What a fantastic time of year to be in Northeast Florida. For those of us in academics, graduation is almost here as we conclude yet another school year, with most of us commenting how fast the years seem to pass. When I was young, my father told me that time seems to go faster and faster the older you get. Boy, has that turned out to be true.
But summer does not mean time off.
Many of us will spend it doing research, writing and maybe traveling. Summer is the chance many of us get to devote time to projects we don’t get to do when we are teaching. Some will teach summer classes, and we will have a marine science summer camp for teenagers at the Marine Science Research Institute in June. And almost before you know it, another school year will be upon us.
For now, the warm weather lovers can rejoice, the temperature of both the air and the river is rising. New growth is emerging, and young animals can be seen exploring their new world. Dolphins and manatees are active and can be seen if you spend a little time just watching the river. We had a reported sighting of two manatees and 12 dolphins downtown during One Spark.
There was even more good news on the manatee front this year when, during the synoptic sampling in February, a record high 6,063 manatees were counted. The synoptic sampling event is when almost 20 agencies, including Jacksonville University with funding from the city of Jacksonville, fly and observe manatees throughout the state, all within a few days of each other. This count represents the minimum number of manatees we know are in the state. There are probably more, but we don’t know exactly how many.
The 2015 number is almost a thousand more than the previous high of 5,077 in 2010. Normally, we like to do the synoptic flights immediately after a strong cold front has passed through the state. However, this year’s predicted cold front fizzled and the weather was unseasonably warm.
One reason for the successful recovery of manatees from near extinction has been the cooperation from the boating public who have obeyed the laws and observed the manatee protection zones.
So, if you are out and about on the river in a boat, wear polarized sunglasses so you can see the swirl of the manatee fluke as it dives down into the river. Go slow in shallow water and observe the manatee zones when you are near shore. Do not feed, water or attempt to touch a manatee. Such actions are illegal and can harm manatees in the long run by getting them used to people and putting them into harm’s way, albeit unintentionally.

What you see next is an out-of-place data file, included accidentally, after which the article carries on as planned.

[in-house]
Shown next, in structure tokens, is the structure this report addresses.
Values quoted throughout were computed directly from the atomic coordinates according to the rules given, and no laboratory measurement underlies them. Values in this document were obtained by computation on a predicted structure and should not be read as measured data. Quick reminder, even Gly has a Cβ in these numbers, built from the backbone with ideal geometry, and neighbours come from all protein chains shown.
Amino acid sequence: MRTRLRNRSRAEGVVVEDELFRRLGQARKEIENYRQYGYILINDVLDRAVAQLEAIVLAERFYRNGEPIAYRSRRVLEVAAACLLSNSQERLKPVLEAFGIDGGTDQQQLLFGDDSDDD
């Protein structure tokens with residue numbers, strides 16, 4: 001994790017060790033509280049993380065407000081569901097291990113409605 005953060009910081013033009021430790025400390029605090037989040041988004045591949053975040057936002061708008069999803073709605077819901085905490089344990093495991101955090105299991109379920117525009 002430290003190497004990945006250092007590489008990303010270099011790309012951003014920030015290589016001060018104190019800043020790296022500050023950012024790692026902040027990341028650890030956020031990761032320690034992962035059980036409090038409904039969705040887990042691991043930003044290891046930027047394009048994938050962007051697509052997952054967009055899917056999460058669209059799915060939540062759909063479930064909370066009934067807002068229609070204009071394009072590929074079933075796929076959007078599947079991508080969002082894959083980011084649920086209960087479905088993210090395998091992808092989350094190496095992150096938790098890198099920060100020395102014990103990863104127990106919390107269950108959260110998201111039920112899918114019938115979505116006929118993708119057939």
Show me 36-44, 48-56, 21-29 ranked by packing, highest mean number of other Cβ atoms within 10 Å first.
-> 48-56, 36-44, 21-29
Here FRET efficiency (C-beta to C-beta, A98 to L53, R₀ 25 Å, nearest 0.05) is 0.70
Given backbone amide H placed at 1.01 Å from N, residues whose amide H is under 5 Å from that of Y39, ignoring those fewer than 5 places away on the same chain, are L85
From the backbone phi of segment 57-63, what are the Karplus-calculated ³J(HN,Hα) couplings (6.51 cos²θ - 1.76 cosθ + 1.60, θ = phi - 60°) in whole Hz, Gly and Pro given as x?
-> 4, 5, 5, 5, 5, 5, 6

And, yes, there is an app for that. It is called Manatee Alert, and you can download it for free from your app store.
ASK RIVER LIFE
In December, River Life mentioned that JU was deploying a drifter. What ever happened in that study?
JU’s Physical Oceanography class released three buoys at the mouth of the St. Johns River: Crystal, Big Boy and Wilson. The blog site is http://jenniferjessicabuo.wix.com/judrifterbuoy. Big Boy and Crystal were short-lived and did not travel very far, but Wilson went south to Cape Canaveral, looped about in some eddies, and is now in the Florida Current, north of Jacksonville and about to be in the Gulf Stream. This is the same current but it has a different name as it moves north of Cape Hatteras. Log on and follow the water that used to flow though Jacksonville.
River Life runs the last Friday of each month in The Florida Times-Union. E-mail A. Quinton White, executive director of Jacksonville University’s Marine Science Research Institute, with questions about our waterways at firstname.lastname@example.org. For more on the MSRI, visit ju.edu/msri.